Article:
Norway’s regulator aims for domestic operation of telecoms for security
Norway should impose regulation ensuring that owners of mobile telephone networks are able to fully operate installations domestically, without relying on staff or technical systems located abroad, the country's telecoms regulator, Nkom,* has said, according to Reuters. “Such autonomy in electronic communications is key to helping authorities protect national security during emergencies, it added in a proposal to the Ministry of Transport and Communications. If the necessary resources to ensure key communication services cannot be brought under national legislation and control in case of an emergency or war, it could have very serious consequences for the ability to govern,” it wrote. The requirement could take two years to implement and would be imposed on existing 4G mobile phone systems and the data networks they rely on, as well as for subsequent technologies such as 5G. Norway currently has two nationwide 4G networks operated by state-controlled Telenor and Swedish firm Telia, while Ice.Net is developing a third. “Chief executive Eivind Helgaker at Ice told Reuters the company was building its network in accordance with the expected regulation. Telenor said on Twitter it was already meeting all demands, while Telia told financial daily Dagens Naeringsliv it was prepared to move some technical systems to Norway.” Read more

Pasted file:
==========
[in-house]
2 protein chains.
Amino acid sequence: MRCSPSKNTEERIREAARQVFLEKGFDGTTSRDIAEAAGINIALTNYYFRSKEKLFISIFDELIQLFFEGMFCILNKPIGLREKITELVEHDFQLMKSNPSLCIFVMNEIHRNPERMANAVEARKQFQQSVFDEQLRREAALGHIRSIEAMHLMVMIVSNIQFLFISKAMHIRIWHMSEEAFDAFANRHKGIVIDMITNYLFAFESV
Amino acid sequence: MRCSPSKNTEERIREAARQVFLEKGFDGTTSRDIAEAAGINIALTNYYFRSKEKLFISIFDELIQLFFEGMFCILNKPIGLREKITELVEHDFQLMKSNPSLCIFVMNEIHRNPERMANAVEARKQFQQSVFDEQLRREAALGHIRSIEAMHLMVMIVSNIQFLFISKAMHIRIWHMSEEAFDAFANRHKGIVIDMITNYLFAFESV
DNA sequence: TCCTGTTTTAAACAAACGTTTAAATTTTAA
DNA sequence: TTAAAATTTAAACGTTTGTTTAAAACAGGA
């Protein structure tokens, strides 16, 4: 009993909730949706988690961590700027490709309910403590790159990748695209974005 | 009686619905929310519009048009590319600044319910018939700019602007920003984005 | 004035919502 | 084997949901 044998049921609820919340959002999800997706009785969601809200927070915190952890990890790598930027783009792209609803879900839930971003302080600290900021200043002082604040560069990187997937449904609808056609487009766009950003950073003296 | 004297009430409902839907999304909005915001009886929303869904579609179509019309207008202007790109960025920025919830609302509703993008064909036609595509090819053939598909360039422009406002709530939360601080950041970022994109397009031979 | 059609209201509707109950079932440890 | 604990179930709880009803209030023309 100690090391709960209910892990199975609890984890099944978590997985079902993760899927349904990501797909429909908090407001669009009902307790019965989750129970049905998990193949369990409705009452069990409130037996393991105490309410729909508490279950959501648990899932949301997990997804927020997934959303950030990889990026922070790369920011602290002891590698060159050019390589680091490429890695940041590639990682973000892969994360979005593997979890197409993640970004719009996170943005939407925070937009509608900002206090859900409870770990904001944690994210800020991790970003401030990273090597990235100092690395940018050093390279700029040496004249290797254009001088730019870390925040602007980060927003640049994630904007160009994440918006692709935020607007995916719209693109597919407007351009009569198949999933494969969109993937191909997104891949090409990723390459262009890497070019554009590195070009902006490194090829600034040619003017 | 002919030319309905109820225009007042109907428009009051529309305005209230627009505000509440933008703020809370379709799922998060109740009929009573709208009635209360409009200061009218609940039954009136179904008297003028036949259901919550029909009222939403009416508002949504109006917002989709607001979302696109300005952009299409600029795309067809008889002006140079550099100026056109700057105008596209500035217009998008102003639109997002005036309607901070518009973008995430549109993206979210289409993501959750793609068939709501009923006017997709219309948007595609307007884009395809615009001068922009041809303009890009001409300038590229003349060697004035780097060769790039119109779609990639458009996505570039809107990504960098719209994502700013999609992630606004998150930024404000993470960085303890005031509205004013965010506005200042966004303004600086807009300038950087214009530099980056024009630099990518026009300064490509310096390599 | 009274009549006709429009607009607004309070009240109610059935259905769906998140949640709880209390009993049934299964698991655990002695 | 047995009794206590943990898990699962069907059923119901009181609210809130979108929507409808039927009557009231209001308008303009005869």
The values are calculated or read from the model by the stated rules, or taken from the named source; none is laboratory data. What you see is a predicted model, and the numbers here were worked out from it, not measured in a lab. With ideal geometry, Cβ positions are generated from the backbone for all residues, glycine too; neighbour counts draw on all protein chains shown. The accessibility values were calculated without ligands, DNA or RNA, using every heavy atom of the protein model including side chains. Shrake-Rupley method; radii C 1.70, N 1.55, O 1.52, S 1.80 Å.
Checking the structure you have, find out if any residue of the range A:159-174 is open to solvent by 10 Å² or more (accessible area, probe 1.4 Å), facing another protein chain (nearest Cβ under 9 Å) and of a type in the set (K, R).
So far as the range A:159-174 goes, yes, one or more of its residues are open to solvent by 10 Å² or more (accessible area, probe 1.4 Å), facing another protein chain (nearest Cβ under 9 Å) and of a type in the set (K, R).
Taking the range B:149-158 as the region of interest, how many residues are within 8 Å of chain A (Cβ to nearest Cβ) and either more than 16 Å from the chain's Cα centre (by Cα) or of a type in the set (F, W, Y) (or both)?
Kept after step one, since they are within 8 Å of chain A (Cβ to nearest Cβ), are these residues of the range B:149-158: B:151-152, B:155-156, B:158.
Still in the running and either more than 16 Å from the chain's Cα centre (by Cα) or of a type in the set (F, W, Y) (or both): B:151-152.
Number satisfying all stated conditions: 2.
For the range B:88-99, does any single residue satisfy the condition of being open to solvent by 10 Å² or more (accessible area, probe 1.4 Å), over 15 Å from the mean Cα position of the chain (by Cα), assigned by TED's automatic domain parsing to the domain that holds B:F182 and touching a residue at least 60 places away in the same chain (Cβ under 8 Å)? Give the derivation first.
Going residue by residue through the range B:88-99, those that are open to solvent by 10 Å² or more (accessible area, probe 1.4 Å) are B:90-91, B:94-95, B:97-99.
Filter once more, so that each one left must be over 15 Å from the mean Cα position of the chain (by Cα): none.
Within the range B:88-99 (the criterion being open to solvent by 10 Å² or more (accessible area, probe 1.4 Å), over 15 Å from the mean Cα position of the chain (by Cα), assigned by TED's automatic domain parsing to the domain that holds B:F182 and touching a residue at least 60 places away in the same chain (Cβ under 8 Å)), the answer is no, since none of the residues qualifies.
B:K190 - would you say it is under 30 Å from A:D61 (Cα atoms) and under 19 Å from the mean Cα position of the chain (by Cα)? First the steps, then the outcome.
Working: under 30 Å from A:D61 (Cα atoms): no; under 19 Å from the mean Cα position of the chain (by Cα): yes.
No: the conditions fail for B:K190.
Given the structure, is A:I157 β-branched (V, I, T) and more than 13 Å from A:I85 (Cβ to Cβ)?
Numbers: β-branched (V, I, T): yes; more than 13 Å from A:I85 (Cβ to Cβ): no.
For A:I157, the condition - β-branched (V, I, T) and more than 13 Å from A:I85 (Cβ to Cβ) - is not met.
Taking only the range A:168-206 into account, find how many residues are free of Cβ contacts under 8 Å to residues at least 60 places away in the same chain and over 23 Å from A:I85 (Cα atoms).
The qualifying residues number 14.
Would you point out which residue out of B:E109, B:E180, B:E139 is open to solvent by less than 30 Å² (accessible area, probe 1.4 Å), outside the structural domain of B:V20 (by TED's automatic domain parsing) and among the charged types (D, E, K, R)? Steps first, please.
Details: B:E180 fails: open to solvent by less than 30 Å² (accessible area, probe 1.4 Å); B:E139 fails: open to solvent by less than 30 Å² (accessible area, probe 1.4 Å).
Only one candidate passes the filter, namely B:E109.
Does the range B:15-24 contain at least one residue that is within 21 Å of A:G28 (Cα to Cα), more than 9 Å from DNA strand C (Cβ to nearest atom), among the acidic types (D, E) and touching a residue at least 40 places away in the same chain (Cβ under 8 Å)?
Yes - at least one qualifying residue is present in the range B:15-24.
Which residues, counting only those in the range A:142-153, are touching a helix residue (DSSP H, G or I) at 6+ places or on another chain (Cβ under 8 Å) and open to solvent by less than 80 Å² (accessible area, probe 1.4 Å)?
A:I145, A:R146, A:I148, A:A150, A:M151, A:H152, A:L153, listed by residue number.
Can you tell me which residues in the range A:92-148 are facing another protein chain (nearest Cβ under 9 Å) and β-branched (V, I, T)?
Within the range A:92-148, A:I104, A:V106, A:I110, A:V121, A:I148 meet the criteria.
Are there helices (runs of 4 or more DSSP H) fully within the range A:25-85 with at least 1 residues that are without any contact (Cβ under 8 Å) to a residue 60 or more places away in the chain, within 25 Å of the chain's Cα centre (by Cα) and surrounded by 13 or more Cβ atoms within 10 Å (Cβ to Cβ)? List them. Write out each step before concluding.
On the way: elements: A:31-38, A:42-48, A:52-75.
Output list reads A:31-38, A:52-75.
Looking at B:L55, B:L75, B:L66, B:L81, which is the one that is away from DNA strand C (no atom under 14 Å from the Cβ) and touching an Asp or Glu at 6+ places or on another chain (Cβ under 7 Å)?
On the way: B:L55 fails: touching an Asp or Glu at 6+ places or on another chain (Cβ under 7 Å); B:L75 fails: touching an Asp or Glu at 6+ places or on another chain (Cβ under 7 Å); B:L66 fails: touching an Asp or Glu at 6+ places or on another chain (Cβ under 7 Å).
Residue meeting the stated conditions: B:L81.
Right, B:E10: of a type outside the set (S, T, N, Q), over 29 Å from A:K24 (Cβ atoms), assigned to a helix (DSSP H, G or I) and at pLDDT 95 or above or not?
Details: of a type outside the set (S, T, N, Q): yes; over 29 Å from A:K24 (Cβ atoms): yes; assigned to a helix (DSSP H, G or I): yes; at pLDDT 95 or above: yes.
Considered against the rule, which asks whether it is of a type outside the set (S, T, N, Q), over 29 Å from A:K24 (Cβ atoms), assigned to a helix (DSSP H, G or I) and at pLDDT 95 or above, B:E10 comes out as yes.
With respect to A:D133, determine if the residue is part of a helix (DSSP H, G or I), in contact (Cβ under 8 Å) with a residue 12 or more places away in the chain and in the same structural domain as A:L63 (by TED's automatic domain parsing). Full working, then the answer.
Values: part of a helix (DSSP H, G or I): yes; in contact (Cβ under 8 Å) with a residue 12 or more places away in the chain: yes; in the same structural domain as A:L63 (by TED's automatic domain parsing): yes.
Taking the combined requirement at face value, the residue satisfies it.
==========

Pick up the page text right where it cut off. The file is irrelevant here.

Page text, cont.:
* The director general of the Norwegian Communications Authority, Torstein Olsen, has resigned from his position as Nkom's chief executive but will continue as a specialist director. He was appointed as the DG of the Norwegian Post and Telecommunications Authority, as Nkom was called then, in 2011, having been head of the service markets department and has held senior positions in the authority for 20 years. A new DG has not yet been appointed.
- Monday, 22 May 2017